Beatification of Salvadoran Archbishop Oscar Romero?

Oscar Romero
Oscar Romero

 

Today at a private audience in the Vatican Pope Francis heard a plea for the Roman Catholic Church’s beatification[1] of Salvadoran Archbishop Oscar Romero. The petitioner was Mauricio Funes, the President of El Salvador.[2]

President Funes & Pope Francis
President Funes &            Pope Francis 

 

Funes  gave the Pope a reliquary containing a piece of the bloodstained garment Msgr. Romero was wearing when he was assassinated on March 24, 1980. Created by the Sisters of the Hospital of Devine Providence, whose adjacent chapel was the site of the assassination, the reliquary monstrance (vessel for display of a relic) is in the shape of a cross with the arms depicting stylized human figures representing the participation of the people of God in the death of the Archbishop. (It is shown in the above photo.)

President Funes also told the Pope that Funes had been a pupil of Father RutilioGrande, whose assassination in 1977 had inspired Romero. The Pope apparently responded that Grande should also be beatified because of his love for the poor and for his persecution.

Afterwards President Funes met with the Holy See’s Secretary of State, Cardinal Tarcisio Bertone, S.D.B., accompanied by Archbishop Dominique Mamberti, secretary for Relations with States.

The Vatican’s subsequent press release said that the Pope had expressed “satisfaction . . .  for the good relations between the Holy See and the nation of El Salvador. In particular, Servant of God Archbishop Oscar Amulfo Romero y Galdamez of San Salvador was spoken of and the importance of his witness for the entire nation.”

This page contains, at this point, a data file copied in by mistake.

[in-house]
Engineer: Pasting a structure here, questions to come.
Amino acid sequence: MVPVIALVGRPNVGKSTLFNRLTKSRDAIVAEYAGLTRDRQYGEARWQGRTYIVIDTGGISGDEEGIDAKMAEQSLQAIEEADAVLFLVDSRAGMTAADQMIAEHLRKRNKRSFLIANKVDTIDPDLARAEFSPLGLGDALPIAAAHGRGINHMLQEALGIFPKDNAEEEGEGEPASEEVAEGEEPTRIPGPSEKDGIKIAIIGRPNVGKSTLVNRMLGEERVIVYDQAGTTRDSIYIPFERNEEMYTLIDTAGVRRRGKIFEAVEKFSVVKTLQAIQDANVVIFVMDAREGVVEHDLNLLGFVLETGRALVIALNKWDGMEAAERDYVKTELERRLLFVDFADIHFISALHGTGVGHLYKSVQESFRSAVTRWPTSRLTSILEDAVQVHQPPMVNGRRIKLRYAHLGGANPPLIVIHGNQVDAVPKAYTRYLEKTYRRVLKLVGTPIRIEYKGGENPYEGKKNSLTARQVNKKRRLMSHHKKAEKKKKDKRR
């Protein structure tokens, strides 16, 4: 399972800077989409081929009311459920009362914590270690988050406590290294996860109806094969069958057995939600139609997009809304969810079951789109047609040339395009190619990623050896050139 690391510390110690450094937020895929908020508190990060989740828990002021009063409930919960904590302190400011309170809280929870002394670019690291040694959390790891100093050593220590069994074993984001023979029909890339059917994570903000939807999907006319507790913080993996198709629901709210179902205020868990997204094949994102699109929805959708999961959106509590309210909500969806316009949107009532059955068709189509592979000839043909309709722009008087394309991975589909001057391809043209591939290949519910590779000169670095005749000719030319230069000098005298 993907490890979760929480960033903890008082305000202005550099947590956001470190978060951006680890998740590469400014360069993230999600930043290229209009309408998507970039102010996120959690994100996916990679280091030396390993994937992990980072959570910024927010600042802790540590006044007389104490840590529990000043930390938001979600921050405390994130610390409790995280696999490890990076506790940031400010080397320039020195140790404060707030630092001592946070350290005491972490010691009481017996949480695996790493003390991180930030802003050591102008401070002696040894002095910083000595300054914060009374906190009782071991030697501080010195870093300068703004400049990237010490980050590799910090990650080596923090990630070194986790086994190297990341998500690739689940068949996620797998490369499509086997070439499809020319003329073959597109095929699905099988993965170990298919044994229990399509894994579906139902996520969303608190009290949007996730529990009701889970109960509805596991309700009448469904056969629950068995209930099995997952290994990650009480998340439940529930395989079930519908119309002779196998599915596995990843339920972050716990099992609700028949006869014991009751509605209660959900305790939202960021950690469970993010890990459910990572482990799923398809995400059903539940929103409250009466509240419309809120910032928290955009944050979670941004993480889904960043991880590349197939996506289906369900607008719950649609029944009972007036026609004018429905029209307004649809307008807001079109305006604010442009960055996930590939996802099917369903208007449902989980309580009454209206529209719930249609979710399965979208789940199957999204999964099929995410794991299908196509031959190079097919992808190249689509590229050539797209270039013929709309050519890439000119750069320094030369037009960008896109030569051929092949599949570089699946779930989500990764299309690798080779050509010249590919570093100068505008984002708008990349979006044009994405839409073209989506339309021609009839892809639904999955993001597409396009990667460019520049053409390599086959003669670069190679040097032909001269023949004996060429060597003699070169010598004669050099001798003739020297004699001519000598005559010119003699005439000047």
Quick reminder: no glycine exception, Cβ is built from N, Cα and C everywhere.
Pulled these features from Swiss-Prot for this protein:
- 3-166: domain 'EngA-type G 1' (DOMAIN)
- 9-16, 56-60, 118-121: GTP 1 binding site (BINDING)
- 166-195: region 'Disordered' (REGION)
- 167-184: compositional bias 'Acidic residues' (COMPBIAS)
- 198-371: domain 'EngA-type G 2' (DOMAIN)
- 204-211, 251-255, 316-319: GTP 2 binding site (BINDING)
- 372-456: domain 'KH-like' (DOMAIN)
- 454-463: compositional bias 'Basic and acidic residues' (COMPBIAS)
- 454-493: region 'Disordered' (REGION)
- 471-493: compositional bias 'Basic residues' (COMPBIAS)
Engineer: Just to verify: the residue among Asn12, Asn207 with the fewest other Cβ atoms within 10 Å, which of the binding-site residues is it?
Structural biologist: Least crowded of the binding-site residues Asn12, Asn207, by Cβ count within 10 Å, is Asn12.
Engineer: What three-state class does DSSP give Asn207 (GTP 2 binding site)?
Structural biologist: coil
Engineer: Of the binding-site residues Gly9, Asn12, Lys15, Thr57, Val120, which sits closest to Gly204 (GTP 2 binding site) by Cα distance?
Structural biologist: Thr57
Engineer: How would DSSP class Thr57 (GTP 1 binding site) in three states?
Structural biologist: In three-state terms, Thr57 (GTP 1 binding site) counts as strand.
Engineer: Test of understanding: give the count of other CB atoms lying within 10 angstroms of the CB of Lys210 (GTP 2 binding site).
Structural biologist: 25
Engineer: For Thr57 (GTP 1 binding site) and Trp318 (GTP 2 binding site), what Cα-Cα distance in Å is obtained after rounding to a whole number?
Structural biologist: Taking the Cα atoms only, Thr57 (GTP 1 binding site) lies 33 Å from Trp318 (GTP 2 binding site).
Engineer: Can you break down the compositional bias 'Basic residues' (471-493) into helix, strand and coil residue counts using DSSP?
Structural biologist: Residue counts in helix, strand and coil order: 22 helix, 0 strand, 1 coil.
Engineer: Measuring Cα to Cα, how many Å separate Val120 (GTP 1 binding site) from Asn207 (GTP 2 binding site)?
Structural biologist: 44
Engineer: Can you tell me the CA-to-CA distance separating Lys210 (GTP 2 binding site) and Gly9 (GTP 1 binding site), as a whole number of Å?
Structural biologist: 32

As a Christian of the Protestant and Presbyterian persuasion, my church does not have official saints. However, I regard Romero as my saint as he already is the saint of the Salvadoran people. My many posts about Romero discuss my belated discovery of him on my first trip to El Salvador in 1989, his powerful, courageous resistance to the many human rights abuses of the Salvadoran government and military, his assassination and funeral, the cases about his assassination in the Inter-American Commission on Human Rights and U.S. federal court and remembering him in music, film, art and books and at Westminster Abbey in London.

I also have developed a great respect for Father Rutilio Grande. I attended his memorial mass in 2003 not far from where he was assassinated on a country road and reviewed that memorable occasion in a post.


[1]  As I understand, beatification is a recognition accorded by the Roman Catholic Church of a dead person’s entrance into Heaven and capacity to intercede on behalf of individuals who pray in his or her name. Beatification is the third of the four steps in the canonization process of becoming a saint. A person who is beatifiedis given the title “Blessed” in English.

[2] This post is based upon articles in the Washington Post, Diario Latino, LaPagina and SuperMartyrio, the last of which is a blog devoted to following the process of Romero’s becoming a saint in the Roman Catholic Church.

 

 

 

 

 

 

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dwkcommentaries

As a retired lawyer and adjunct law professor, Duane W. Krohnke has developed strong interests in U.S. and international law, politics and history. He also is a Christian and an active member of Minneapolis’ Westminster Presbyterian Church. His blog draws from these and other interests. He delights in the writing freedom of blogging that does not follow a preordained logical structure. The ex post facto logical organization of the posts and comments is set forth in the continually being revised “List of Posts and Comments–Topical” in the Pages section on the right side of the blog.

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